Drypoint is a printmaking method in which a design is inscribed onto a plate using a sharp, needle-like tool.

Drypoint is an intaglio printmaking method that produces distinct lines with soft, velvety edges. It involves the use of a diamond-pointed needle to incise lines directly into an unprepared metal printing plate, displacing metal ridges that adhere to the edges of these incised lines, known as burrs. During the inking process, the incised lines and burrs capture the ink. Damp paper is then placed on the plate and passed through a press, causing it to collect ink from both the incised lines and burrs, creating the characteristic fuzzy line quality.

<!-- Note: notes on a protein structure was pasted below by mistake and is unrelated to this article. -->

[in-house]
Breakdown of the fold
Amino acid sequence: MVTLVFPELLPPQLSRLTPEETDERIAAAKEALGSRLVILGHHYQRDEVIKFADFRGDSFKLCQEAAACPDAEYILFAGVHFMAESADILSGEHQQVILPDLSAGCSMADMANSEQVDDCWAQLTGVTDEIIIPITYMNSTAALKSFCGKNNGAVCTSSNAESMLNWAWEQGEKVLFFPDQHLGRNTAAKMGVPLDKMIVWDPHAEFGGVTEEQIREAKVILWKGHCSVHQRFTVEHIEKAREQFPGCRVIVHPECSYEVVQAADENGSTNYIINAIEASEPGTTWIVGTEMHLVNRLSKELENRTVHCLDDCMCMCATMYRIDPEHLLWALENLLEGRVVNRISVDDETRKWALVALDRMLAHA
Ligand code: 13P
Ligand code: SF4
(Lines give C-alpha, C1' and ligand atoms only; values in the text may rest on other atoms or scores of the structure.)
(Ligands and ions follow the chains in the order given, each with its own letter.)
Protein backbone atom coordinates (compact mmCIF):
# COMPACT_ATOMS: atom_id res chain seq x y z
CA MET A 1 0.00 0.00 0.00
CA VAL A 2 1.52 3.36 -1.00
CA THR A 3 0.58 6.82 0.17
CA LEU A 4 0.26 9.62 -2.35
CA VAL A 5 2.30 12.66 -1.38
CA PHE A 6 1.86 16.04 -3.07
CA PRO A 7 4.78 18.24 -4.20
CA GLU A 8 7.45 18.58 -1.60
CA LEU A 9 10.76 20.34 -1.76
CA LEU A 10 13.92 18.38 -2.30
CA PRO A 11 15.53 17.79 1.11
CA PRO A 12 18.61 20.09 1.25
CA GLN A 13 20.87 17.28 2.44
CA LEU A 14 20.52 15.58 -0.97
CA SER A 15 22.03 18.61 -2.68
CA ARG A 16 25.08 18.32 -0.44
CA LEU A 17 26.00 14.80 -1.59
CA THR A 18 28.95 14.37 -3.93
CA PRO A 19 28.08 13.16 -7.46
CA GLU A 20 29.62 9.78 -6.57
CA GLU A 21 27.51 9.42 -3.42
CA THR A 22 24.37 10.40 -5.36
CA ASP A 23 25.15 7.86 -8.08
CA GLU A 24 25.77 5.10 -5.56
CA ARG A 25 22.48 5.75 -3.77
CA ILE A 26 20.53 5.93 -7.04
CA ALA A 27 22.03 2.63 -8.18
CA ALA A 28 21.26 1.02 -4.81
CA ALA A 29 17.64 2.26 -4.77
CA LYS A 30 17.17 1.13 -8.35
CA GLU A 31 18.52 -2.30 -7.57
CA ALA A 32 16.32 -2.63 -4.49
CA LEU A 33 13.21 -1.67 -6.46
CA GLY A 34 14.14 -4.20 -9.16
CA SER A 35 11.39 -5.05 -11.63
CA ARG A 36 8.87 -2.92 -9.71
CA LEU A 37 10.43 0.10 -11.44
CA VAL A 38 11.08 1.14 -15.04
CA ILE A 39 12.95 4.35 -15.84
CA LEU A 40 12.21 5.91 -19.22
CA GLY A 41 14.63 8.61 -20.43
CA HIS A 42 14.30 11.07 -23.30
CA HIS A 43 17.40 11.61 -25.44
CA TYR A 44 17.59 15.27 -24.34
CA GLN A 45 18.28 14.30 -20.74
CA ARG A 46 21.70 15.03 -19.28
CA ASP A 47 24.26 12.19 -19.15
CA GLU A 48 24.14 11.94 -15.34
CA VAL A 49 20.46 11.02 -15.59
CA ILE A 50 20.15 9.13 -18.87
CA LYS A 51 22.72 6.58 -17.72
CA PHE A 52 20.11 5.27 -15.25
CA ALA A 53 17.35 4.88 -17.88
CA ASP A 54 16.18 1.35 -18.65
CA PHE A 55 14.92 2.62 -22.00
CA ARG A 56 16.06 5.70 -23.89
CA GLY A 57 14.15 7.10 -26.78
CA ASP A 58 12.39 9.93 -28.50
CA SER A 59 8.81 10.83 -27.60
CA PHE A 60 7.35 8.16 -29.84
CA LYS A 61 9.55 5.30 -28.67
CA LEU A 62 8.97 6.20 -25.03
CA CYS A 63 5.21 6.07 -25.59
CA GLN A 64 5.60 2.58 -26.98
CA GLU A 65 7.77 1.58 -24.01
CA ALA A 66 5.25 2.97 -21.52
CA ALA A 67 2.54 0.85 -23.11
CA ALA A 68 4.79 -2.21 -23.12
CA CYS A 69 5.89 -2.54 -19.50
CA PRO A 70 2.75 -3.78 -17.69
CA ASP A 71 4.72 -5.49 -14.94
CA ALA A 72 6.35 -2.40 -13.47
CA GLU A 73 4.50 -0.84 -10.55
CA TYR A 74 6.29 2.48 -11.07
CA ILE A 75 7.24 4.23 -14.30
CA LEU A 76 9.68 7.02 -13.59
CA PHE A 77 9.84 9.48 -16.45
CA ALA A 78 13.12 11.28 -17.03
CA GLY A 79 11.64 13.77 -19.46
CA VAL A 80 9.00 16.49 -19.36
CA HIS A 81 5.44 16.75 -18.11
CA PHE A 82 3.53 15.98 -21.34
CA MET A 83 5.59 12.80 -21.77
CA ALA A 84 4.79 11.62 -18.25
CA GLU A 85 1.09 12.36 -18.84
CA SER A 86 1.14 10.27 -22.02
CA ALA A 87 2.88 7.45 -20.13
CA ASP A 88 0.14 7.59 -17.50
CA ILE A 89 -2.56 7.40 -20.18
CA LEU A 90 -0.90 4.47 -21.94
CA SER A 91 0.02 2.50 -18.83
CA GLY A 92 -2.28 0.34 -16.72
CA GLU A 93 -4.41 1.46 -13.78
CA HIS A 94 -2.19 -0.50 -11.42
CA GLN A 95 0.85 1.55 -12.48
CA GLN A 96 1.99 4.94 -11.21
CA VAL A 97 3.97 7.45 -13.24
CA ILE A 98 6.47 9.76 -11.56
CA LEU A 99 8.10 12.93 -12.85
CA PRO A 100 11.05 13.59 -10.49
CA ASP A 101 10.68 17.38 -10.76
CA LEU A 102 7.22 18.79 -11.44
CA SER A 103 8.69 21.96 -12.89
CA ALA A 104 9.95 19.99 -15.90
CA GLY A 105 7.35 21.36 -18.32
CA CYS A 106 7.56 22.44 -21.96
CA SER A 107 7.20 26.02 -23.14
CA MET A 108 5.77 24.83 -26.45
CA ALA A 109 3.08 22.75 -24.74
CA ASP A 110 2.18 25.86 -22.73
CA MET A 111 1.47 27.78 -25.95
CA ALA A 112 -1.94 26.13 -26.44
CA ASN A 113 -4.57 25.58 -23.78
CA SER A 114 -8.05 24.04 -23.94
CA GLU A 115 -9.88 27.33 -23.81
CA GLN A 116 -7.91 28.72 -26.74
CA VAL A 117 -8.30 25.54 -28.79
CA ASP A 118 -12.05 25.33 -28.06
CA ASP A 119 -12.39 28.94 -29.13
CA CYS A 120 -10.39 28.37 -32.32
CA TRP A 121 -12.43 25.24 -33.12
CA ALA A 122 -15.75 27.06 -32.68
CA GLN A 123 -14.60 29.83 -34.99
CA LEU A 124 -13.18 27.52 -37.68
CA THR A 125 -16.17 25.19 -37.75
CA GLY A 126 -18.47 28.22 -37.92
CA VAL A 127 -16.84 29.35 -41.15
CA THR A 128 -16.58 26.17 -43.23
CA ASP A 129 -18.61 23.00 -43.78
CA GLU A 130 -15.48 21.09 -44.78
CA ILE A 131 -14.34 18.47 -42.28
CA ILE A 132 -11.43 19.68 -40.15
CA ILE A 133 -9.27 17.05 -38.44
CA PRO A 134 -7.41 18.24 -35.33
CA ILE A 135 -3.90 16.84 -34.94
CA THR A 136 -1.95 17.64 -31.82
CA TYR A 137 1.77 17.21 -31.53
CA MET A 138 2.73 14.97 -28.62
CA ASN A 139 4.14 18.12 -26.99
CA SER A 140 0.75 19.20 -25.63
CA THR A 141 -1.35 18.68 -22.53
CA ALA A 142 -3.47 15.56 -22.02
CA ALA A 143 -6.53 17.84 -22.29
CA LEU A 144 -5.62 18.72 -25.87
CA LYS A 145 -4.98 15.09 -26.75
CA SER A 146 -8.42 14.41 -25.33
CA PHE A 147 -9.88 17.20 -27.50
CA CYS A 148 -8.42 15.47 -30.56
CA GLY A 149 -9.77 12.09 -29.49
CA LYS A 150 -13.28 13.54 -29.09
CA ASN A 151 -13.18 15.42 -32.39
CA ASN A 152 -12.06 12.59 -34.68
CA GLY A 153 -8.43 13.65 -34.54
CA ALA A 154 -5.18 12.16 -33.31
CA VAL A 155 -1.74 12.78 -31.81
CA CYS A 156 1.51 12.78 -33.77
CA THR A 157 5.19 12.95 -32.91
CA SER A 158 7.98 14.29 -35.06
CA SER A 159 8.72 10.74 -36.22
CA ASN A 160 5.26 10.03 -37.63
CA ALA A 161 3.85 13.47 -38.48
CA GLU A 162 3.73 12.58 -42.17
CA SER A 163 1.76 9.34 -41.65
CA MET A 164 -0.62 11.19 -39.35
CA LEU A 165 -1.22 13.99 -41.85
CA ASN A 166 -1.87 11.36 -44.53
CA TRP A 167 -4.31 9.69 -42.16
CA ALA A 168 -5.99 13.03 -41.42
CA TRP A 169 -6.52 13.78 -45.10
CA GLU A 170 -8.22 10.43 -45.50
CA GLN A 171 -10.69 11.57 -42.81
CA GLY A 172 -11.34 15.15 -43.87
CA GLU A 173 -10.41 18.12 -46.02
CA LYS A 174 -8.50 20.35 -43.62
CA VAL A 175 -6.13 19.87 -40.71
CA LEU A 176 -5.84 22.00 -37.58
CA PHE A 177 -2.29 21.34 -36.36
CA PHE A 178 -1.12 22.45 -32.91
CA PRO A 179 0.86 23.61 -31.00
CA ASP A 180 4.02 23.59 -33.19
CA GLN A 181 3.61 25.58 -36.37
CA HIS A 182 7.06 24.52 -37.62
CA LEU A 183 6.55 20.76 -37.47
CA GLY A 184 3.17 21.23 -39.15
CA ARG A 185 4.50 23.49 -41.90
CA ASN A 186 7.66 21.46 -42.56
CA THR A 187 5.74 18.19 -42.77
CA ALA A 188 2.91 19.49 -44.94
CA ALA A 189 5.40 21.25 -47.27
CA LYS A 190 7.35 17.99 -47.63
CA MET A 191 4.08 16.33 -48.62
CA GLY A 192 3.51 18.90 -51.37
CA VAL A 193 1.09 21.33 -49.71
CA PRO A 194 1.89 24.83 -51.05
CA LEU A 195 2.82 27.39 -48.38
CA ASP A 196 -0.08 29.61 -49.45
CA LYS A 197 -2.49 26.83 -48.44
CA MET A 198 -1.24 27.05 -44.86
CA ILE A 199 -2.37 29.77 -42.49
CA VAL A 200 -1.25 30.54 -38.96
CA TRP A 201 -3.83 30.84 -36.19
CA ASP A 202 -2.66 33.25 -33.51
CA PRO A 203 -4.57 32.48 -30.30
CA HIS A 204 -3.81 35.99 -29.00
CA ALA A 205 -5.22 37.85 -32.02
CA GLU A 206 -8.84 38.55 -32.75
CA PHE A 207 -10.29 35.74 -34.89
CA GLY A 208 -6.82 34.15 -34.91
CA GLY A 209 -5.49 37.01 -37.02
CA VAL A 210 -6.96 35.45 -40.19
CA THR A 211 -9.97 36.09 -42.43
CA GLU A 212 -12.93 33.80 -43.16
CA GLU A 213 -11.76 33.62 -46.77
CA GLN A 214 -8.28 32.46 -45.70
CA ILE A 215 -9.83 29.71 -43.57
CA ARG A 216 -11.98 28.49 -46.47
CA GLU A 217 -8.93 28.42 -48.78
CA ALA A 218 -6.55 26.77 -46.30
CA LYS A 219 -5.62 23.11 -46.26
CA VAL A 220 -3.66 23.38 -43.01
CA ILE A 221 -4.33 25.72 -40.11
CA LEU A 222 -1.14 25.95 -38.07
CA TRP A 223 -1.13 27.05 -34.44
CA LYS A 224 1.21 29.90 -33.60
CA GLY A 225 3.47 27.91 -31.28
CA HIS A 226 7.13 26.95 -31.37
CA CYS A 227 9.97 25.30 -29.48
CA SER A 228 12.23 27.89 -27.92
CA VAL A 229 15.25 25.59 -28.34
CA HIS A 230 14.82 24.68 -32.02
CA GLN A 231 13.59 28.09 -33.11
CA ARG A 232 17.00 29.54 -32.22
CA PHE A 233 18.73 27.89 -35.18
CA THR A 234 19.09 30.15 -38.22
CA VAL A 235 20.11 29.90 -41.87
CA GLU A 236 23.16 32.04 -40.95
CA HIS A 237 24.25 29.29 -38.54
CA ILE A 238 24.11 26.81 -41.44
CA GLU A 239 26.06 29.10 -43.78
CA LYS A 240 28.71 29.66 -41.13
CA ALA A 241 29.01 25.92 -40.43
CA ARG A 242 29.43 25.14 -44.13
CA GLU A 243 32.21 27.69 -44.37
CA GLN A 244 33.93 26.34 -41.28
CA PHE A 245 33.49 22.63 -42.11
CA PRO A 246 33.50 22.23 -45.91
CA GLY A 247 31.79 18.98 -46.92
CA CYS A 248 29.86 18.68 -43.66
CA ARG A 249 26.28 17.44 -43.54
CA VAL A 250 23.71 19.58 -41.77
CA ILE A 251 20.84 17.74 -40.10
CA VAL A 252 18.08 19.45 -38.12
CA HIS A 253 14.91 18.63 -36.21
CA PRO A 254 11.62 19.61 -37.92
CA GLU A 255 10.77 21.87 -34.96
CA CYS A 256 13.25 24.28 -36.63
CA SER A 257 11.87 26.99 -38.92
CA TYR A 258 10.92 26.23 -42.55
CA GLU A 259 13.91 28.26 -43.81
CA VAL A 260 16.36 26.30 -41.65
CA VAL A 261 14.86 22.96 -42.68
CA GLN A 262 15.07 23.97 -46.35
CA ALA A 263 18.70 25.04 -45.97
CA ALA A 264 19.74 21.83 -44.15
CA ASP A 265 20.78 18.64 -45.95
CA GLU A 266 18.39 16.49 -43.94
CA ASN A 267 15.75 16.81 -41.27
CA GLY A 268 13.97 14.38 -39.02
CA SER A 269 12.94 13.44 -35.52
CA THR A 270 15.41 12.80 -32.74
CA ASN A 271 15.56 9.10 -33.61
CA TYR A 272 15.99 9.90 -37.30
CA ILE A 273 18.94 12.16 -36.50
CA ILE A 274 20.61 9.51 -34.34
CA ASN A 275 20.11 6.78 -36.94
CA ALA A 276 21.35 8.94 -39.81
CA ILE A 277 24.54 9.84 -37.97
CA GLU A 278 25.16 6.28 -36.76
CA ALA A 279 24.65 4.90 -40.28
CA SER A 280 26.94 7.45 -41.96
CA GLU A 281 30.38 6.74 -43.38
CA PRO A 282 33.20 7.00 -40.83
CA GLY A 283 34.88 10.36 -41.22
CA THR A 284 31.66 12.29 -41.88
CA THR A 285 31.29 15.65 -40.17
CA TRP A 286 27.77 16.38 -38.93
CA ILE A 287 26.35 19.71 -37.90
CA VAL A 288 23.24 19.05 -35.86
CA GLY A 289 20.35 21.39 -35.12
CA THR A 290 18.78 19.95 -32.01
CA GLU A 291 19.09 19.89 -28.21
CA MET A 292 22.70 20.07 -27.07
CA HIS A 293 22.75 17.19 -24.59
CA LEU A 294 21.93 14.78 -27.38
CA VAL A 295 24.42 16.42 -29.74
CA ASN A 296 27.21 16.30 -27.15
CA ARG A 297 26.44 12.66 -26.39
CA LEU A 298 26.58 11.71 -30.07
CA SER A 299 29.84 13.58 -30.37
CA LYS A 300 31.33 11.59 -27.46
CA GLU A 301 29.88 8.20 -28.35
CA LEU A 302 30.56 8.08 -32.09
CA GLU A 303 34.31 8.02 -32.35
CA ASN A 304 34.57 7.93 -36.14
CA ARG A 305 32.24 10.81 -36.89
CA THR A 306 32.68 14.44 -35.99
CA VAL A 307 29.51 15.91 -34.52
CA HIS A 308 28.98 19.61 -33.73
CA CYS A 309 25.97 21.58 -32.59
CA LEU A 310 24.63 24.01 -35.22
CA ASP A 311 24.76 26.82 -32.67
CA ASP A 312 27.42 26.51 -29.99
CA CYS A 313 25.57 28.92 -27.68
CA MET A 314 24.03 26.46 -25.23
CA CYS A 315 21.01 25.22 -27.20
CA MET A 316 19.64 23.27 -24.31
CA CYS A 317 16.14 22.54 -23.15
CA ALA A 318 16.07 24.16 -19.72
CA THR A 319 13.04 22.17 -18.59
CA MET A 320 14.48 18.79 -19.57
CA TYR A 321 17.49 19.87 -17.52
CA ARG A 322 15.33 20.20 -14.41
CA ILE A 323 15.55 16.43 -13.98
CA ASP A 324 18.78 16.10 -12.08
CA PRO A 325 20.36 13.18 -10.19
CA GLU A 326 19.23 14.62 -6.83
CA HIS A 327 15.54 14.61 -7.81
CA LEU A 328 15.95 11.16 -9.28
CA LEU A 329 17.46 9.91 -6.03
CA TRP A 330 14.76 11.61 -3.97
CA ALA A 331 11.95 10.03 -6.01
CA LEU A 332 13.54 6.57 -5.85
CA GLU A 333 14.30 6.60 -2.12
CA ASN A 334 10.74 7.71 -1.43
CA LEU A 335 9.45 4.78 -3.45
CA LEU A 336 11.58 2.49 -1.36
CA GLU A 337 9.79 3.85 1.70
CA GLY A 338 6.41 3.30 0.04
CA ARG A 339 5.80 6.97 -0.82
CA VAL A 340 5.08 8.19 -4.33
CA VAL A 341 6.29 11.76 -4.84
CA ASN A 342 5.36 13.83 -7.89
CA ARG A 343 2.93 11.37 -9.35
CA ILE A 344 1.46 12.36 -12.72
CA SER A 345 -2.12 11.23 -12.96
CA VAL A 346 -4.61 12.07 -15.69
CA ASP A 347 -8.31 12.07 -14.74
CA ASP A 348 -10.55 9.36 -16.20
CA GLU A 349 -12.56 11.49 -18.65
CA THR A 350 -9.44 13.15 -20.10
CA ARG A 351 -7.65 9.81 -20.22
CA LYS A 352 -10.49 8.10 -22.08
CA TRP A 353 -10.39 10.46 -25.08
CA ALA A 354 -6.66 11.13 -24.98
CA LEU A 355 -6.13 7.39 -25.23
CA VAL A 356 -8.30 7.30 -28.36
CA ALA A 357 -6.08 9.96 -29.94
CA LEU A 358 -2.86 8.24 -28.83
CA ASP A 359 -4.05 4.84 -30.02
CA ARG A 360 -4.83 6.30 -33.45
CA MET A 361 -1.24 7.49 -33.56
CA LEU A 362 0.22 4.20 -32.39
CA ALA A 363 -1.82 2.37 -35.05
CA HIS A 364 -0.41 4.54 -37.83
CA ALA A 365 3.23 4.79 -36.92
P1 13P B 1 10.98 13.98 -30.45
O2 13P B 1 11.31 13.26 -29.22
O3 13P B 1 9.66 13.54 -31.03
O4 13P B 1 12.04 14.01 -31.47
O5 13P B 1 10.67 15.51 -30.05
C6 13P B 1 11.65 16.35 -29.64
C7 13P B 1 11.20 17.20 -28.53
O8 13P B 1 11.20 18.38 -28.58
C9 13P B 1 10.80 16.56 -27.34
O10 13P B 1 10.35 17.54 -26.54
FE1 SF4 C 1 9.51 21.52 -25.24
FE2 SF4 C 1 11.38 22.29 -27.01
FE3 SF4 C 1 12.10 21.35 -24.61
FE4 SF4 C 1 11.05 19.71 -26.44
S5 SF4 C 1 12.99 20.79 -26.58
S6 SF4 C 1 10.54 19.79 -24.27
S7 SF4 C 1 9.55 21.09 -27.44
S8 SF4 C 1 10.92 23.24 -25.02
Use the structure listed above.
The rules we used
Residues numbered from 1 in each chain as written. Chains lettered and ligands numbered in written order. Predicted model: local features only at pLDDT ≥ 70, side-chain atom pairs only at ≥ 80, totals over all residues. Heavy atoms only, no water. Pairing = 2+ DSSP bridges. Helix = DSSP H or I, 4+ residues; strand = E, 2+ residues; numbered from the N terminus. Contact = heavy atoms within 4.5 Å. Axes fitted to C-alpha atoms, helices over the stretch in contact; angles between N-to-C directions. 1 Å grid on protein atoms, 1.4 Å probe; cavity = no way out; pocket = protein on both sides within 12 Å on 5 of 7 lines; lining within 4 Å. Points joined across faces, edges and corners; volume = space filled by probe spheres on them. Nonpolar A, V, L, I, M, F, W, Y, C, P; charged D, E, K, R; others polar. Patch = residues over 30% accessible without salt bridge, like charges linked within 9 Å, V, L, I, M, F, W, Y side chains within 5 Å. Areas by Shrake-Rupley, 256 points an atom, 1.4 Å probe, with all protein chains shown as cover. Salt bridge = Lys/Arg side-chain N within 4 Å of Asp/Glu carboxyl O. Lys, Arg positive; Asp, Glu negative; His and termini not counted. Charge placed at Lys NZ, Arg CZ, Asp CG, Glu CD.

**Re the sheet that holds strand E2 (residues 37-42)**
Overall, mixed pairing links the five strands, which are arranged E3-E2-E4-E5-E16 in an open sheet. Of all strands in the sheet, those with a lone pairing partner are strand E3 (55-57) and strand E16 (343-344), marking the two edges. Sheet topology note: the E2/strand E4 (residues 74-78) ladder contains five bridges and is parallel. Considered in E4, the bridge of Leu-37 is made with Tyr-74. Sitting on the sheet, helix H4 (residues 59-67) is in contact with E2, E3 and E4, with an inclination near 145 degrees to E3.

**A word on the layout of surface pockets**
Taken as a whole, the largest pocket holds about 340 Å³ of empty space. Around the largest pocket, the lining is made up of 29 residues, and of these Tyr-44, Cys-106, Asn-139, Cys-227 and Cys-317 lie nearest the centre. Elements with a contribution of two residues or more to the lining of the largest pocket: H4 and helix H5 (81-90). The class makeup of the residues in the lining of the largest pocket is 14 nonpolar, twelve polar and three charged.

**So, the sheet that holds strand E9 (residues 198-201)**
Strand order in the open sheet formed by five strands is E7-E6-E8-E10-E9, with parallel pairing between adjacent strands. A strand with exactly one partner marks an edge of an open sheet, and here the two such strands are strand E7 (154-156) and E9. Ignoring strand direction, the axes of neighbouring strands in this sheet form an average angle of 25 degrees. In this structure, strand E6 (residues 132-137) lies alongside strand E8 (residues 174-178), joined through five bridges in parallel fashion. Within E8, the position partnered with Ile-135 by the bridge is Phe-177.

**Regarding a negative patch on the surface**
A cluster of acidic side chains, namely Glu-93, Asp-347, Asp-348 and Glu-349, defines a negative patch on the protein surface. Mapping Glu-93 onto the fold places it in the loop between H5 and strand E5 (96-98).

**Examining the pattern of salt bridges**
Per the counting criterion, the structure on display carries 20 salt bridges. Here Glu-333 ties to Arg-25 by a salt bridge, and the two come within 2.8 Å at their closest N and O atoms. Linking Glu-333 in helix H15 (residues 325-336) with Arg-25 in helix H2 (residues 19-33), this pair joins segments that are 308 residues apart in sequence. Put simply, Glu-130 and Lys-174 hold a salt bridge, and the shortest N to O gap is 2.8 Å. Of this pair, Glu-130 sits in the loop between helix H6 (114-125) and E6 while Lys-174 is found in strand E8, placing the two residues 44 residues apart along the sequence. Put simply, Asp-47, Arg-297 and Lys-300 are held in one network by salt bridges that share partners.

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Parra's studio, with Parra at the centre, his back to the camera as he works on the large painting takes centre stage, showing a faceless blue woman in a striped dress, painted in red, purple, blue and teal. The studio is full of brightly coloured paints, with a large window on the right and a patterned rug across the floor under the painting.